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Workers and trade liberalization: The impact of trade reforms in Mexico on wages and employment

  • Zadia M. Feliciano
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    Between 1986 and 1990, the Mexican government reduced tariffs and import license coverage by more than 50%. The author, using micro-level data, analyzes the impact of trade reform on Mexican wages and employment. Industries that had greater reductions in protection levels, she finds, had a larger percentage of low-skill workers. Wage dispersion increased in both the non-tradables sector and, to a much greater degree, the tradables sector. This pattern suggests that trade reform increased wage inequality. The decline in import license coverage appears to have reduced relative wages of workers in reformed industries by 2%, but did not affect relative employment. Reductions in tariffs had no statistically significant effect on relative wages or relative employment. (Author's abstract.)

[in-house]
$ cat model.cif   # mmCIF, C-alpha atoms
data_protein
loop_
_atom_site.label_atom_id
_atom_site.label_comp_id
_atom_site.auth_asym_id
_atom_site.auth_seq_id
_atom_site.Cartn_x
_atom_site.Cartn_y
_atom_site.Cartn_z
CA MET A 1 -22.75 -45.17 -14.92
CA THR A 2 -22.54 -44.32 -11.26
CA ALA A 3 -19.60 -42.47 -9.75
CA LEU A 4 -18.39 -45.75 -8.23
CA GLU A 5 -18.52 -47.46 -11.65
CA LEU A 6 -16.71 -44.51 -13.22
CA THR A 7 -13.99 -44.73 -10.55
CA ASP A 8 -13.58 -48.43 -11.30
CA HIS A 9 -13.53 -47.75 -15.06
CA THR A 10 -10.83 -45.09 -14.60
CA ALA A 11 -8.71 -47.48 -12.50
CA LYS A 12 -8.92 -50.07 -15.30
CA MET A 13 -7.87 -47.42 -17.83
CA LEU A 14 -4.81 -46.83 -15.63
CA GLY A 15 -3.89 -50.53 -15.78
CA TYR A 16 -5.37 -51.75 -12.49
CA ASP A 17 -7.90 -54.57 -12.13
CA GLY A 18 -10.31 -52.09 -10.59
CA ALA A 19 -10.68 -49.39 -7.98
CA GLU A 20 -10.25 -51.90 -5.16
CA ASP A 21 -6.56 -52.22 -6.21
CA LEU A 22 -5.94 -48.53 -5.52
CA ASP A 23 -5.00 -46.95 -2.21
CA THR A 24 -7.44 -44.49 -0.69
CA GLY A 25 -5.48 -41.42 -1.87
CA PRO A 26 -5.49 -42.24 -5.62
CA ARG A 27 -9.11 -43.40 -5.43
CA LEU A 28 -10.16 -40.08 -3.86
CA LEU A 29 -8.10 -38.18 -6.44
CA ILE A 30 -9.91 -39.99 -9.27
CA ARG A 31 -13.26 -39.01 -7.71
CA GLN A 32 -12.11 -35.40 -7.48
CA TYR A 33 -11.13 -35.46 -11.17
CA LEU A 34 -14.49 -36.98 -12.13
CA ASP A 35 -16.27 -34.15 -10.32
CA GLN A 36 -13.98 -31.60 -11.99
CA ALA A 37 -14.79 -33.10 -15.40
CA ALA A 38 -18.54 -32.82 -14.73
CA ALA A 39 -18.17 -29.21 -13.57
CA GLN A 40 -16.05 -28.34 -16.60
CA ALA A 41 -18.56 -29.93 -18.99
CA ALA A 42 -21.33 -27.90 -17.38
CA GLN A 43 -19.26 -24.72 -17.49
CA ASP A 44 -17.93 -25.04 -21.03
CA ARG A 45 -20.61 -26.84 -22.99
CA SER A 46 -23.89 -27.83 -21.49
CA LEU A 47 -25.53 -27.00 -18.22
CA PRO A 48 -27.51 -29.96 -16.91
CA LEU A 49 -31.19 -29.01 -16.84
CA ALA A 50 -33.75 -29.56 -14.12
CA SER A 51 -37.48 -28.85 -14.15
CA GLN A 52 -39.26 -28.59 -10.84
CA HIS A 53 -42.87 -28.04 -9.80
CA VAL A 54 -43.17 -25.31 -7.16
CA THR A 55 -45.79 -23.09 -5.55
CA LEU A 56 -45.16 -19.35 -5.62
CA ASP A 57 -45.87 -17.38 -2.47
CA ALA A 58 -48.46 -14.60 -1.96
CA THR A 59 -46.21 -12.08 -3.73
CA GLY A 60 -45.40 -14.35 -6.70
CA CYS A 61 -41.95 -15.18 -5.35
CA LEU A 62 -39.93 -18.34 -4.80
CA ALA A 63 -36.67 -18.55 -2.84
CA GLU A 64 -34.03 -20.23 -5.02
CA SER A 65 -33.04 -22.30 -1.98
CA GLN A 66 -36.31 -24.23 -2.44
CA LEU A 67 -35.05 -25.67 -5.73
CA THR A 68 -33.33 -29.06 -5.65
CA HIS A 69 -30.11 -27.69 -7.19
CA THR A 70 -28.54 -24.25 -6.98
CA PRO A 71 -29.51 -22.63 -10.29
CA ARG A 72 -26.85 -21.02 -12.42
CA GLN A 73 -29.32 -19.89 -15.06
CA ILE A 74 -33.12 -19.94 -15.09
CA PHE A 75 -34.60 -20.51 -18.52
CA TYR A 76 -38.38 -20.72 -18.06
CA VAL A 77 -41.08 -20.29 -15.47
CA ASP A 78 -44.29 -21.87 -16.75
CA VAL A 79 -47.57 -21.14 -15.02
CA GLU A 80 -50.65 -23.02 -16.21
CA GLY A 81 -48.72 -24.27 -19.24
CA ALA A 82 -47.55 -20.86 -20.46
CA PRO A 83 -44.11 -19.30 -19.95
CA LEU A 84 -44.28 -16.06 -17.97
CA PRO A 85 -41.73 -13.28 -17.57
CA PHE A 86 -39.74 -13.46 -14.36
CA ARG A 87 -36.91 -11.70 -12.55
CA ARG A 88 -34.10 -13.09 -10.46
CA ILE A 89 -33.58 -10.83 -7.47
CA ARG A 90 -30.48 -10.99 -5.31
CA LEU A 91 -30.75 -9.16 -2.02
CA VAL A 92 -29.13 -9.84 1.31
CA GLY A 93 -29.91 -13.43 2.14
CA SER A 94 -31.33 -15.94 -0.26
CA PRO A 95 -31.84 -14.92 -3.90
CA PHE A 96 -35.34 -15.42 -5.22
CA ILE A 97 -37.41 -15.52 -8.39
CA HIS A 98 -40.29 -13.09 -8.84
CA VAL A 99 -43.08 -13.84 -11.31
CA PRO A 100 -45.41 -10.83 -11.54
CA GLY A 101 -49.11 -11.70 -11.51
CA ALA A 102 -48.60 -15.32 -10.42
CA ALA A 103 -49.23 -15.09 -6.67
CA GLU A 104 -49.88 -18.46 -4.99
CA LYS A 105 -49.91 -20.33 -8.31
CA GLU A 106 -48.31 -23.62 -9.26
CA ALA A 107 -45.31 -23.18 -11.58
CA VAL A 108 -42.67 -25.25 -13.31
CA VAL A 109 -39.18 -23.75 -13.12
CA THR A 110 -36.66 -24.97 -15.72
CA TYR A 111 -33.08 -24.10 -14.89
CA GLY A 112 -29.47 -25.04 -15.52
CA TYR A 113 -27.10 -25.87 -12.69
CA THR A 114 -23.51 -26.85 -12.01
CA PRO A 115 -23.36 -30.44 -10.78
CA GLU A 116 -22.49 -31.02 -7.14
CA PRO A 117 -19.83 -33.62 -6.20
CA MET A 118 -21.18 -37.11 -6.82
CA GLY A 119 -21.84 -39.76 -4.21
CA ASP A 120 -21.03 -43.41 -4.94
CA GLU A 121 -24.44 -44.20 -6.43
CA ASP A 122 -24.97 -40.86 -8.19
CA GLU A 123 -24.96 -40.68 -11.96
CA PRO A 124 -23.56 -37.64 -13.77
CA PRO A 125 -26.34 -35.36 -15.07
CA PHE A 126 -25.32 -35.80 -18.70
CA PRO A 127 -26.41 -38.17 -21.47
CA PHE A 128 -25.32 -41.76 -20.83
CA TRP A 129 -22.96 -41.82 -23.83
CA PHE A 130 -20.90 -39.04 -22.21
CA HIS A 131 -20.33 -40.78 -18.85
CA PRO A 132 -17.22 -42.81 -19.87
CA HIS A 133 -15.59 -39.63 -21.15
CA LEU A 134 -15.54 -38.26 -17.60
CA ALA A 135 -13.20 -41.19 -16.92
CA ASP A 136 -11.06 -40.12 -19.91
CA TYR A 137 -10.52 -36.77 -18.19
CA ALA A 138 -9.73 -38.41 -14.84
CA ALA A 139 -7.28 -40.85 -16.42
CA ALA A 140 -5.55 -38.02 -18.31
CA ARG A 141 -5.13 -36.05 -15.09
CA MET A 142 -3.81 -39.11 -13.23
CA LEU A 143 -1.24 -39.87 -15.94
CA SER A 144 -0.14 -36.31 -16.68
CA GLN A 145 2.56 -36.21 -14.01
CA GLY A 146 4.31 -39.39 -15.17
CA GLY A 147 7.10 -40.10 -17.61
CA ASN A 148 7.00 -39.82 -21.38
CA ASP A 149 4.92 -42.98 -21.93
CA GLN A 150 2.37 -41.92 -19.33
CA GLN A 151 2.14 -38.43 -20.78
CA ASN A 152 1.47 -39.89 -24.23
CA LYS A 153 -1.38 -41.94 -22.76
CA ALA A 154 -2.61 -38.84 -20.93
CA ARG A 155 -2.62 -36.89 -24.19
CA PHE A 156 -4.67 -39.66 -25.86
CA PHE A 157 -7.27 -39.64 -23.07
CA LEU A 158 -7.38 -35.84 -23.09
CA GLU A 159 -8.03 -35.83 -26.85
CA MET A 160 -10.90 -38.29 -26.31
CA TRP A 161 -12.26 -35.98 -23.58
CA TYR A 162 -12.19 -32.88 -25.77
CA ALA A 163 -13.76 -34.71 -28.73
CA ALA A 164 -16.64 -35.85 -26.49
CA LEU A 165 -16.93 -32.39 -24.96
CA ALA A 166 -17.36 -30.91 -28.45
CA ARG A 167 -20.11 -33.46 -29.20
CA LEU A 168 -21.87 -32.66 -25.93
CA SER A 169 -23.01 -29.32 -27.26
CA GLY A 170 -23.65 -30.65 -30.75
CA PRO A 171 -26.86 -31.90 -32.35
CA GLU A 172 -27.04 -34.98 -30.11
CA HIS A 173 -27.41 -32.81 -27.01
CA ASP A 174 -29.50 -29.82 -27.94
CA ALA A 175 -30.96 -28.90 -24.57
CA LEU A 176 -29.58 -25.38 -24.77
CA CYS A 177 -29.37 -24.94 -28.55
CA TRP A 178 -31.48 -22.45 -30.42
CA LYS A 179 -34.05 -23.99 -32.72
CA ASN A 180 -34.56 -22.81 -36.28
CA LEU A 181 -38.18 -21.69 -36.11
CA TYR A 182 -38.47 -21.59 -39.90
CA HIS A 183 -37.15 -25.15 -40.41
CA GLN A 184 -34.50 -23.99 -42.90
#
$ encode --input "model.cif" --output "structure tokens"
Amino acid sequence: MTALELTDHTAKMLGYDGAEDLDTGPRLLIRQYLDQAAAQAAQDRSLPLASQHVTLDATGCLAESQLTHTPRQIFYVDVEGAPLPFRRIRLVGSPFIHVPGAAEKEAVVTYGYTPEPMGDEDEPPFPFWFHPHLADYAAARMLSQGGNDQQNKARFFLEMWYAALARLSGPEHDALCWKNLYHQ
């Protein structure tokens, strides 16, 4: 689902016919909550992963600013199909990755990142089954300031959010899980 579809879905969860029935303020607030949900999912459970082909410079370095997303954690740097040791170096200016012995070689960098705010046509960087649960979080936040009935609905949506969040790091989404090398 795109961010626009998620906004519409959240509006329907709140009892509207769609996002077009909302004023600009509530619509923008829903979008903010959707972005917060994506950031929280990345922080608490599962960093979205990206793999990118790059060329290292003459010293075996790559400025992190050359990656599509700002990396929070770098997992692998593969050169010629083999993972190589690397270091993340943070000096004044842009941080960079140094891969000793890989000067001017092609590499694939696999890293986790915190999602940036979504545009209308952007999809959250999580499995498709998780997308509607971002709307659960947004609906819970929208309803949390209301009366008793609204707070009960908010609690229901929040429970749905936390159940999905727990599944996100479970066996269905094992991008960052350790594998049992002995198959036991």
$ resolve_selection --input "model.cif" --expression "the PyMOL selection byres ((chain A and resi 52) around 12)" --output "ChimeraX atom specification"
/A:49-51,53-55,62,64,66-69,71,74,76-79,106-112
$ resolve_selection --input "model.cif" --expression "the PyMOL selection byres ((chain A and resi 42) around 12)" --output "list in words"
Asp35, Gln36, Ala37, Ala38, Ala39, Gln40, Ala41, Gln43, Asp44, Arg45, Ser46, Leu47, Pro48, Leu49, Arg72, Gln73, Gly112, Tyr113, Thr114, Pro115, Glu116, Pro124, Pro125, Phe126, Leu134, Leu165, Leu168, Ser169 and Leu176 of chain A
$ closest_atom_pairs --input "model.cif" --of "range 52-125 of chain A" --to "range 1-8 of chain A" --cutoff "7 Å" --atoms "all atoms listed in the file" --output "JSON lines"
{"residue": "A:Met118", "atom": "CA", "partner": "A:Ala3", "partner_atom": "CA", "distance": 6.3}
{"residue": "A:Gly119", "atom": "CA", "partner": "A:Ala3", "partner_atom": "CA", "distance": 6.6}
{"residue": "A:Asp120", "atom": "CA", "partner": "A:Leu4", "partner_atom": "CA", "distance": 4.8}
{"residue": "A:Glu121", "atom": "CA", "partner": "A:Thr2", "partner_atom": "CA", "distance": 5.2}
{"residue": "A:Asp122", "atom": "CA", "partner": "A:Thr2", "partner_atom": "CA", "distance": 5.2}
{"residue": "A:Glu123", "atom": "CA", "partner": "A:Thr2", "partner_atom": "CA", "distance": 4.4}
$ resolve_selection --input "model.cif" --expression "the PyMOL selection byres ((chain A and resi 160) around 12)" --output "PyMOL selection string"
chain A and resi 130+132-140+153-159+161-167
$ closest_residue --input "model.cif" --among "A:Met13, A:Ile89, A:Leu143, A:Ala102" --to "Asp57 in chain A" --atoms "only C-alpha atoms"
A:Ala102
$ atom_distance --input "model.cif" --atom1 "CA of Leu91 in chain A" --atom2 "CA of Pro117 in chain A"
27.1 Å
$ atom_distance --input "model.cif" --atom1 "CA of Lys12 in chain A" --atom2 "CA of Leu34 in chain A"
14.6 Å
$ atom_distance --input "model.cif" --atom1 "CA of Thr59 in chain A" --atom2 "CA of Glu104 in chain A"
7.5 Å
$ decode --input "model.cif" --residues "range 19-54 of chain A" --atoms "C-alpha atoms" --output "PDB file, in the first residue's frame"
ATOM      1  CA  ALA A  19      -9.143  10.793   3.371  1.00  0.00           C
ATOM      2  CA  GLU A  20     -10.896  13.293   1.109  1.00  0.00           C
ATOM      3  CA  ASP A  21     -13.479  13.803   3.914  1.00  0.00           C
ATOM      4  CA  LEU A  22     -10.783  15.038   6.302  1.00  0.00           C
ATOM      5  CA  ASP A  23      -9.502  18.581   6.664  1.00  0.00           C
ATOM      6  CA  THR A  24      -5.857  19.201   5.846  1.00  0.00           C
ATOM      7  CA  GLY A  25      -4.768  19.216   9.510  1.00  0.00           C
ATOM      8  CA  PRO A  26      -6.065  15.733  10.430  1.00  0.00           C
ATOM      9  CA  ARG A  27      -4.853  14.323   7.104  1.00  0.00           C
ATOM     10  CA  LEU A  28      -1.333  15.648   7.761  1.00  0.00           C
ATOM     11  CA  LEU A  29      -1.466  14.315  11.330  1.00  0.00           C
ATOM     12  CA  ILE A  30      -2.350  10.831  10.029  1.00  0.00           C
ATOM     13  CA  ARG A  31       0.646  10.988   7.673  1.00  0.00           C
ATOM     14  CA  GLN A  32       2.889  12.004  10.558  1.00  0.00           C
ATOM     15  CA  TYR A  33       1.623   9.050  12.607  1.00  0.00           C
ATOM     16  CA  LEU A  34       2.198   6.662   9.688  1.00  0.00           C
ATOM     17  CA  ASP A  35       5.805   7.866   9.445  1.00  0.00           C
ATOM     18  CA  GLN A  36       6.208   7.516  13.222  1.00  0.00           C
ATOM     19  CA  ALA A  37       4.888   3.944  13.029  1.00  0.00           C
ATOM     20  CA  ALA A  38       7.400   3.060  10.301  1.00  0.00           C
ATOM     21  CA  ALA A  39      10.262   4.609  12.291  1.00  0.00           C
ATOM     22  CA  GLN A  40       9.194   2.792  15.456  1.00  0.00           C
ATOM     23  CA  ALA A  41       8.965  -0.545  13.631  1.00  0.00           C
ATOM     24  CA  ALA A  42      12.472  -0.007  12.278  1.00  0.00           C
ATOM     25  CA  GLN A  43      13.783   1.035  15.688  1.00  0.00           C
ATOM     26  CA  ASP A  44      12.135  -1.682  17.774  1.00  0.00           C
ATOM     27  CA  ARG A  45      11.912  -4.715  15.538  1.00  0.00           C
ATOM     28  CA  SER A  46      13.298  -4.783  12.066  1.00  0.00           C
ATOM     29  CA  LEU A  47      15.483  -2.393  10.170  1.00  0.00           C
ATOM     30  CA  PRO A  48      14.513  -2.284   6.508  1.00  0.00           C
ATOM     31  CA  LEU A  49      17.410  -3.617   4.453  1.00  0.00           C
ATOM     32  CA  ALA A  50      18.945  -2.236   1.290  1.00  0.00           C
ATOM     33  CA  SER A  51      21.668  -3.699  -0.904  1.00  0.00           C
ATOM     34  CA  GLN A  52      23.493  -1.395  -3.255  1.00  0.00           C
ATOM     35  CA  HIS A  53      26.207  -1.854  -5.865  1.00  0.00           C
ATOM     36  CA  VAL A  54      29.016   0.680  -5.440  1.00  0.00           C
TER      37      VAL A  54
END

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    Article provided by ILR Review, Cornell University, ILR School in its journal ILR Review.

    Volume (Year): 55 (2001)
    Issue (Month): 1 (October)
    Pages: 95-115

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    Handle: RePEc:ilr:articl:v:55:y:2001:i:1:p:95-115
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